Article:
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Marriages On The Cusp
are three general scenarios that bring couples to counselling. There are those
couples that are jointly committed to the relationship and are seeking
improvement. There are those couples that are jointly seeking to dissolve the
relationship and are seeking to manage the process of change. There are those
couples where one is committed to the relationship and the other is not.
is this latter scenario that can be fraught with the greatest difficulty in
managing feelings and determining the direction of the relationship. In this
last scenario, it is not uncommon to see one partner present as committed and
the other as ambivalent. Underneath the ambivalence may be a desire to attend
therapy, not to maintain the relationship, but to find a safe place to end it.
Hence there may be contrary goals where the outcome is the inevitable end of the
relationship despite interventions aimed at improvement or reconciliation.
in this scenario can still be of benefit.
a relationship through counselling provides opportunity to manage the process in
a manner that can reduce hostility and conflict. The parties have the
opportunity to receive guidance and direction prior to anger and upset taking
over as a driving force in their judgment or decision-making. By virtue of both
persons working with the same person, settlements may be achieved. Counsellors
understand the nature of conflict and distress and help couples work through
when couples see individual counsellors or respective lawyers, greater conflict
may result. By each party seeing their own respective support person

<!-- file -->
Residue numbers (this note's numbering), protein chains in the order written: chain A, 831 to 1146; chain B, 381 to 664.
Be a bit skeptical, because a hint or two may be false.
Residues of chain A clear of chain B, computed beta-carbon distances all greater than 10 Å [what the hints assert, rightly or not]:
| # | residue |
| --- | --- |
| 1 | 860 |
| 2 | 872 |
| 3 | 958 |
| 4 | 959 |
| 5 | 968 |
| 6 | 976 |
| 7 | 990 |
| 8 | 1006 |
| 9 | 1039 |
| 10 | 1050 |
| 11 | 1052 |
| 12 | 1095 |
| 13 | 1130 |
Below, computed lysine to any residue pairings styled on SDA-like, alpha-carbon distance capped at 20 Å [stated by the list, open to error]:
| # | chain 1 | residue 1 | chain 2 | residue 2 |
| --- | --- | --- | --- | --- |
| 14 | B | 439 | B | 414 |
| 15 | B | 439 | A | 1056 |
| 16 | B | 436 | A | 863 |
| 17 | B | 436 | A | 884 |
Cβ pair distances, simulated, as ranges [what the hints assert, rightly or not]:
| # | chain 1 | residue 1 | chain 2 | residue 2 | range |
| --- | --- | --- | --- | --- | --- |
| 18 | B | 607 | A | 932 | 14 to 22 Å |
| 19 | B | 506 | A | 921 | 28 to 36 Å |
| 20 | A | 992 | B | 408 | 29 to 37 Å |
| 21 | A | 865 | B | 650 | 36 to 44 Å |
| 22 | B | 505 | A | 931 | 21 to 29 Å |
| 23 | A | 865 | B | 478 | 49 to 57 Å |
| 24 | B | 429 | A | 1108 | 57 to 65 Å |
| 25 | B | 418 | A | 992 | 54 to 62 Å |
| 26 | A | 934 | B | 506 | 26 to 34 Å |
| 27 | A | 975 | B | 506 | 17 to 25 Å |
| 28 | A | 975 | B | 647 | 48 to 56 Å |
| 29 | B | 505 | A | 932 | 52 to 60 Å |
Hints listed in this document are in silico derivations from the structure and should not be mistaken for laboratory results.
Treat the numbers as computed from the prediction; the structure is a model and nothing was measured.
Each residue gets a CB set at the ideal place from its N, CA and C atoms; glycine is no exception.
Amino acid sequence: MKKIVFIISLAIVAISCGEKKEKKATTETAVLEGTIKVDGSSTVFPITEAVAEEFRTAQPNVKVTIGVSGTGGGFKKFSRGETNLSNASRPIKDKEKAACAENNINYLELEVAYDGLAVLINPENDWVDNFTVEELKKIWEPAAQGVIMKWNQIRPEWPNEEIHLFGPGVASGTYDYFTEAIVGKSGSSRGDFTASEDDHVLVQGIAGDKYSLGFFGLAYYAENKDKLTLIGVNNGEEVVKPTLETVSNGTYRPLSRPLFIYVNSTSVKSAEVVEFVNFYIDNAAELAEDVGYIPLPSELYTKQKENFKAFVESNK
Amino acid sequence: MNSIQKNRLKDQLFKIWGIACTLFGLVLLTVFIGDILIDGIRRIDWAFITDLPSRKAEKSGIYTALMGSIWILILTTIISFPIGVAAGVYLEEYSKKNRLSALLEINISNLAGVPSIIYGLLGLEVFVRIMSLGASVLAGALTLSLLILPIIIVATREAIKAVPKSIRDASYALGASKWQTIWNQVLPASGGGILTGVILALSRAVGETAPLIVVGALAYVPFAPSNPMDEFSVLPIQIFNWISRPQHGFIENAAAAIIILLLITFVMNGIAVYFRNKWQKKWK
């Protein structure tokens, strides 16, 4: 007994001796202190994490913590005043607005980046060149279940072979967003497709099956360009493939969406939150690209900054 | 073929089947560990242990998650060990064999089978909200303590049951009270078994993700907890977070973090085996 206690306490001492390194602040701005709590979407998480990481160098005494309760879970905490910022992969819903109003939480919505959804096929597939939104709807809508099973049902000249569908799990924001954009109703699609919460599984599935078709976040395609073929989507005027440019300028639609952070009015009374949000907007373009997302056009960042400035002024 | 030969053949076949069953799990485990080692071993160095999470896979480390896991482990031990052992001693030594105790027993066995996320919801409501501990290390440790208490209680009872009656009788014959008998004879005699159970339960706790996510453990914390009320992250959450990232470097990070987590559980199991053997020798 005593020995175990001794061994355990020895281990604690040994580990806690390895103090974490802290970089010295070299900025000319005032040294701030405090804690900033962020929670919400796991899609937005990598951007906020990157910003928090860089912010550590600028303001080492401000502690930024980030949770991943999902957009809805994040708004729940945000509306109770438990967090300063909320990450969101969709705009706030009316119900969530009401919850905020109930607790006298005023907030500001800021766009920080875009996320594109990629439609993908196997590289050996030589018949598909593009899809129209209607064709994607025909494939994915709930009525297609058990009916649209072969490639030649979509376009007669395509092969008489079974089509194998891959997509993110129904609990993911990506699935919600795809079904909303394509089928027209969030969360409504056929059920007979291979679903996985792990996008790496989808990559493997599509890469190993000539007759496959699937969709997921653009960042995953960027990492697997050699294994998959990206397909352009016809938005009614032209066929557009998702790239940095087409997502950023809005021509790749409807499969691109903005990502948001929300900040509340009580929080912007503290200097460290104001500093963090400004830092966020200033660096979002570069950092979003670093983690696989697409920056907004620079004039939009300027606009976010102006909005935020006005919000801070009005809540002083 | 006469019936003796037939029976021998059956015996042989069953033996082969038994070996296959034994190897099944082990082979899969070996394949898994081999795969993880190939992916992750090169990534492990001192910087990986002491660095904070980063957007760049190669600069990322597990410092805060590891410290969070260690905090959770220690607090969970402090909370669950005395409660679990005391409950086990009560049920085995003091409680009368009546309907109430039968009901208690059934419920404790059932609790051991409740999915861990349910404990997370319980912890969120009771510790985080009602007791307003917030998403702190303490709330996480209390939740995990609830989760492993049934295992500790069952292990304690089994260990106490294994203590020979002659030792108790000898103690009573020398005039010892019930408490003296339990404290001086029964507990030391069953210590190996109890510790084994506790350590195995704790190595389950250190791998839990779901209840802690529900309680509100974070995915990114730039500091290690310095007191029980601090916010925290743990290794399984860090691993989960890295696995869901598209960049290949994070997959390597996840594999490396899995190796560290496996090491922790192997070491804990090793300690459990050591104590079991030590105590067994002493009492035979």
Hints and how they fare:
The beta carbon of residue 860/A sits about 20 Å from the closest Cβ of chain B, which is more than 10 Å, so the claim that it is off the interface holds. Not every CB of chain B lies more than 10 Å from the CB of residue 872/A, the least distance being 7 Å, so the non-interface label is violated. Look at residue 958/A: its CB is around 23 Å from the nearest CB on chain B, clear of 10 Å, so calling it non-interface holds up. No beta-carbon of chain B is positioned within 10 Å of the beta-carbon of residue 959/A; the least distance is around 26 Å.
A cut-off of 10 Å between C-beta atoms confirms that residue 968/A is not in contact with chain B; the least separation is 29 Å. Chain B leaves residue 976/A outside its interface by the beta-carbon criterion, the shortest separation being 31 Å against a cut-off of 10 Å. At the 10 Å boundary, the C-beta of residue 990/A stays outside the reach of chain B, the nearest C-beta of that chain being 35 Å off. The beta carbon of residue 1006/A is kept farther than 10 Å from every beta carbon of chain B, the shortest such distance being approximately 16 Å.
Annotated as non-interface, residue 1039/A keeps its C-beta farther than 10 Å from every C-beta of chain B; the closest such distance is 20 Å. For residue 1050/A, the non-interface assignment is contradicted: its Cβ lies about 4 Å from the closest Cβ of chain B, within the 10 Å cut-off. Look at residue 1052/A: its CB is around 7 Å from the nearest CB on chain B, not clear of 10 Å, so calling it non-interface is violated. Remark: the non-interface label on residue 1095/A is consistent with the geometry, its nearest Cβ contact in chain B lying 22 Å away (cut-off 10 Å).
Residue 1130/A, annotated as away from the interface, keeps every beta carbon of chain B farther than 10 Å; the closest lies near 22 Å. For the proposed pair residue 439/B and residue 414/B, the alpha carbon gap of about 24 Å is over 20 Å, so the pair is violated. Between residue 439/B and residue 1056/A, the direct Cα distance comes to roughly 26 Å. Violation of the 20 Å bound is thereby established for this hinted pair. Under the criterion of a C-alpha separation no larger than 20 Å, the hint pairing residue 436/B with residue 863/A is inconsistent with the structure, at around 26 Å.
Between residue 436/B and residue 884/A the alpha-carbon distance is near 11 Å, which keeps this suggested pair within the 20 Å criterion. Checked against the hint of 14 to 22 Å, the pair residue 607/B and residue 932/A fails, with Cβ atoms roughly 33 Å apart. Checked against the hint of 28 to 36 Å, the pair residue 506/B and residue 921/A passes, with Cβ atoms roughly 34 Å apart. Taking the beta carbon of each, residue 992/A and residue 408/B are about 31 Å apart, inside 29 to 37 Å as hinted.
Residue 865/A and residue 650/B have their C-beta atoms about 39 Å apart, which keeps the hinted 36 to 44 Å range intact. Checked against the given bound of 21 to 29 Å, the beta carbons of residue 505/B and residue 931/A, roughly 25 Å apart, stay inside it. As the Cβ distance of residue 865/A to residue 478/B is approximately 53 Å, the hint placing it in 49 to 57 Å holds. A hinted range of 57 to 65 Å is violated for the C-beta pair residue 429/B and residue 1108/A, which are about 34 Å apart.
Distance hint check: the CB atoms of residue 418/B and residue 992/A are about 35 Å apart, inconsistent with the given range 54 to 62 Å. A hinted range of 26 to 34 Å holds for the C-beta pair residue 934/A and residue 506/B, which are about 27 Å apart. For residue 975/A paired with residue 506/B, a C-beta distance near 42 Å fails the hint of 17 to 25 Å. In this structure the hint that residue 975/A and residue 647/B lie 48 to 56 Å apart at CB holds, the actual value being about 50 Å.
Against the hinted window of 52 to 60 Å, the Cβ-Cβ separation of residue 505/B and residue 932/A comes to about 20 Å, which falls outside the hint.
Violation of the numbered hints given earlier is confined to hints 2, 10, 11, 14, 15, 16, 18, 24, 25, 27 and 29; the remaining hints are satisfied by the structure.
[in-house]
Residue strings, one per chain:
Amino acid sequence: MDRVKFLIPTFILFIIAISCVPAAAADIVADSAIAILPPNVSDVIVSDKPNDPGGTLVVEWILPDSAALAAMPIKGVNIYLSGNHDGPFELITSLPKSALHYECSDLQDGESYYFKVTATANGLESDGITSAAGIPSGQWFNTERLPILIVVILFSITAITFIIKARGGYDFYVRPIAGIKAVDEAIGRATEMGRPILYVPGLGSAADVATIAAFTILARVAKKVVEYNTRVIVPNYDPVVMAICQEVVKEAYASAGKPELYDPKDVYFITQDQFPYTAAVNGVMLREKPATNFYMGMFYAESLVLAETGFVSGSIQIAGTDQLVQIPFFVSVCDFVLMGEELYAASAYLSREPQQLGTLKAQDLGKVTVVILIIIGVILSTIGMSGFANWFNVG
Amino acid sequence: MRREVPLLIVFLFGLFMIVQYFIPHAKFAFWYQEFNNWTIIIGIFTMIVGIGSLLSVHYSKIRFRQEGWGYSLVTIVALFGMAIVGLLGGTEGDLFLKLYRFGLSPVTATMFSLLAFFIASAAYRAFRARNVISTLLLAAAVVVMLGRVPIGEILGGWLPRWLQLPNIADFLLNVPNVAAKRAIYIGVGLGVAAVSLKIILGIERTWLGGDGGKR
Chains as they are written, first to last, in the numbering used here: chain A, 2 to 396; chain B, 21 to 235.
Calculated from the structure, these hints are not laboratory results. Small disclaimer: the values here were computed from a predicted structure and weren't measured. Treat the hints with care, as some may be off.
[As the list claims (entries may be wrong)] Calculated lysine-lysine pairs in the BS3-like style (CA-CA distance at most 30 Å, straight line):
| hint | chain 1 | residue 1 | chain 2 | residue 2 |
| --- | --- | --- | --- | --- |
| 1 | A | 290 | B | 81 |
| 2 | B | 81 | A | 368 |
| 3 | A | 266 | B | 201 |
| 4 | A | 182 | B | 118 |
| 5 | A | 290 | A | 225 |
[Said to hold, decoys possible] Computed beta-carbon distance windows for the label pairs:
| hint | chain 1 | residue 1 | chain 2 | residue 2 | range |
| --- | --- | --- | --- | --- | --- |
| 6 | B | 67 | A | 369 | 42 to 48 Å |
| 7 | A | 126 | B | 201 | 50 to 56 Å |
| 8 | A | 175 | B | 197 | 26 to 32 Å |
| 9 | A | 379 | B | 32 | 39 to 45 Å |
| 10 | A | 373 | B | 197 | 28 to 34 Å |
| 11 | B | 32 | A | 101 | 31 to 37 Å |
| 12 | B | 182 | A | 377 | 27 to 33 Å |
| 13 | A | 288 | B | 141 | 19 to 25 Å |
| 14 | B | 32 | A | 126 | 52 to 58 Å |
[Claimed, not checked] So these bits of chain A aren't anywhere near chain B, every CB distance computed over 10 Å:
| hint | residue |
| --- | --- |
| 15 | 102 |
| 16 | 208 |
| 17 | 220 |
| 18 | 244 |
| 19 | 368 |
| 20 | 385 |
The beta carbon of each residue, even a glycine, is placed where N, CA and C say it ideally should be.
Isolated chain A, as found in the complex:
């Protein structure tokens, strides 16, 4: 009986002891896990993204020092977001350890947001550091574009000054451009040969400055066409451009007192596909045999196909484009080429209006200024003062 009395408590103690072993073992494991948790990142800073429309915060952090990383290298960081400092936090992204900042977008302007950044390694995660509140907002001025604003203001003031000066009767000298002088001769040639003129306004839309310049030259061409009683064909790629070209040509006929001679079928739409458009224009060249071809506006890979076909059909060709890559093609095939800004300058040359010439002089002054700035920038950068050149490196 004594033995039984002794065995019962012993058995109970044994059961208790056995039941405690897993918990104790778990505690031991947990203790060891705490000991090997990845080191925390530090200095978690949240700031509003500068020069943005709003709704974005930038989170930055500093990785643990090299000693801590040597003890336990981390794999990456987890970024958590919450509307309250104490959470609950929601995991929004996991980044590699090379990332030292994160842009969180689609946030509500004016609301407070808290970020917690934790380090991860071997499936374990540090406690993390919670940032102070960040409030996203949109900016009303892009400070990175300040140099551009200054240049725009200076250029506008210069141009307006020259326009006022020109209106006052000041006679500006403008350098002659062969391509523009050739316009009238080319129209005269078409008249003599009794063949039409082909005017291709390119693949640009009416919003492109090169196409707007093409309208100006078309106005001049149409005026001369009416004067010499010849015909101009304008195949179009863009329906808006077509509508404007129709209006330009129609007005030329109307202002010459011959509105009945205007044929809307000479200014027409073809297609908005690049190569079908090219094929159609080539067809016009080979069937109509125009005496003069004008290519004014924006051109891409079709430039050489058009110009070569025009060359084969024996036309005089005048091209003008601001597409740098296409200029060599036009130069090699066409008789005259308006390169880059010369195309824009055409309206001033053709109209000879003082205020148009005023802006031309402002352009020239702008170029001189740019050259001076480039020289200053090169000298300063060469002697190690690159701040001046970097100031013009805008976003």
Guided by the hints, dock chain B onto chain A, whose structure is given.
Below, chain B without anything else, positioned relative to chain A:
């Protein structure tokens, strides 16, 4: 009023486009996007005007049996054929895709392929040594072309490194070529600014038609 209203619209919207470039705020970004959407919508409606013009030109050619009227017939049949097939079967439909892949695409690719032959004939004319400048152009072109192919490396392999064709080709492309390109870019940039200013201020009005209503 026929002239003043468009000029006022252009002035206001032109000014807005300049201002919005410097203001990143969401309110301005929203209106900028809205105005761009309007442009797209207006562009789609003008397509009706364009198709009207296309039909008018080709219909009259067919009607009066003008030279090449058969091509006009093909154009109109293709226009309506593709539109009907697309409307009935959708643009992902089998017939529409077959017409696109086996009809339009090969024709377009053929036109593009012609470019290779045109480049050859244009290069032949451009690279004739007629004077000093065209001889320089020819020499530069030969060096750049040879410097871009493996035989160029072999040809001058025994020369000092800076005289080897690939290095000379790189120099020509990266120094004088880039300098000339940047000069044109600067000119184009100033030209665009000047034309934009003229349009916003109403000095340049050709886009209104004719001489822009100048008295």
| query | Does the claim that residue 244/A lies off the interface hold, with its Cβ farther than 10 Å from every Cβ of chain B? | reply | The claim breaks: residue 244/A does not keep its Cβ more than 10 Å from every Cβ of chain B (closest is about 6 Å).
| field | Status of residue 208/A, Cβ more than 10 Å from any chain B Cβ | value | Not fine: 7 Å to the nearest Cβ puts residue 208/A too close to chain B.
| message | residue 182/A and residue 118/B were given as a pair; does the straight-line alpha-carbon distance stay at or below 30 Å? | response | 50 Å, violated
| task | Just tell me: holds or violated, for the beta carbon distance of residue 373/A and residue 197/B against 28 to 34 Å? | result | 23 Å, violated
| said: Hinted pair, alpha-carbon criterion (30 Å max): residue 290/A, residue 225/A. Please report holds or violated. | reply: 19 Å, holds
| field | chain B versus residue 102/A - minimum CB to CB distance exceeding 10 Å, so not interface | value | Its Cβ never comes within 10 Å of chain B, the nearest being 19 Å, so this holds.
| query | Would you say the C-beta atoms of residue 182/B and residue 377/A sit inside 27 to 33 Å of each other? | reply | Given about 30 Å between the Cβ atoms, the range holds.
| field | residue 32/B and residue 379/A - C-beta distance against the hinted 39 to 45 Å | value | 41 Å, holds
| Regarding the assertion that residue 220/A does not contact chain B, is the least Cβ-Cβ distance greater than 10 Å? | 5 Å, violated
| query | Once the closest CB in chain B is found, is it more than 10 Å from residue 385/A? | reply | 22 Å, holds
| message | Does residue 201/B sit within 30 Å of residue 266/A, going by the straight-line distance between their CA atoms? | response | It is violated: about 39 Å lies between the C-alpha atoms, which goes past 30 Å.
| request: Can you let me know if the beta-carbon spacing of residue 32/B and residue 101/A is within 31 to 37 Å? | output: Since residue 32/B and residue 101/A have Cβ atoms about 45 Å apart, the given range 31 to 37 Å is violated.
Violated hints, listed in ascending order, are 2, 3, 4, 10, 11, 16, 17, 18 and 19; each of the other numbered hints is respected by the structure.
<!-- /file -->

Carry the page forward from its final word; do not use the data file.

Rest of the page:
(therapeutic or legal) it can increase the likelihood of having their version of
events and position reinforced and differences magnified. The support person is
only privy to the one side and does not have the opportunity to develop a
balanced view. Also the opportunity to help parties resolve matters between
themselves together is non-existent when each goes off in different directions.
couples entering counselling due to conflict have the opportunity to work their
relationship through the entire counselling process. Even though feelings may be
high and persons upset or even feeling betrayed, remaining with the counsellor
can provide for a better outcome in terms of untangling the relationship and
matters arising – particularly where children are concerned.
on the level of conflict and in ending a relationship, parties may feel exposed
without a lawyer to advise them along the way. In these situations, legal input
can be helpful. A reasonable lawyer can provide input to assure that the
direction of settlement is appropriate and that certain rights or expectations
are addressed. Final agreements can be set in writing and made contractual.
terms of what is best for children, it tends to be less what the agreement is,
than how it was achieved and the degree of conflict between the parties.
good counselling outcome then, when the relationship doesn’t work, is where
the parties can dissolve the relationship amicably and reasonably and transition
as smoothly as possible to a new way of life that balances competing needs and
approach is not necessarily available to everyone and often is unworkable in
situations of outright abuse or serious mental illness. However, counselling may
be the best first start to the situation, particularly for a marriage on the
Direnfeld, MSW, RSW
Call Gary for your next conference and for expert opinion on family matters. Services include counselling, mediation, assessment, assessment critiques and workshops.
For information on Direnfeld's book, Raising Kids Without Raising Cane, click here.
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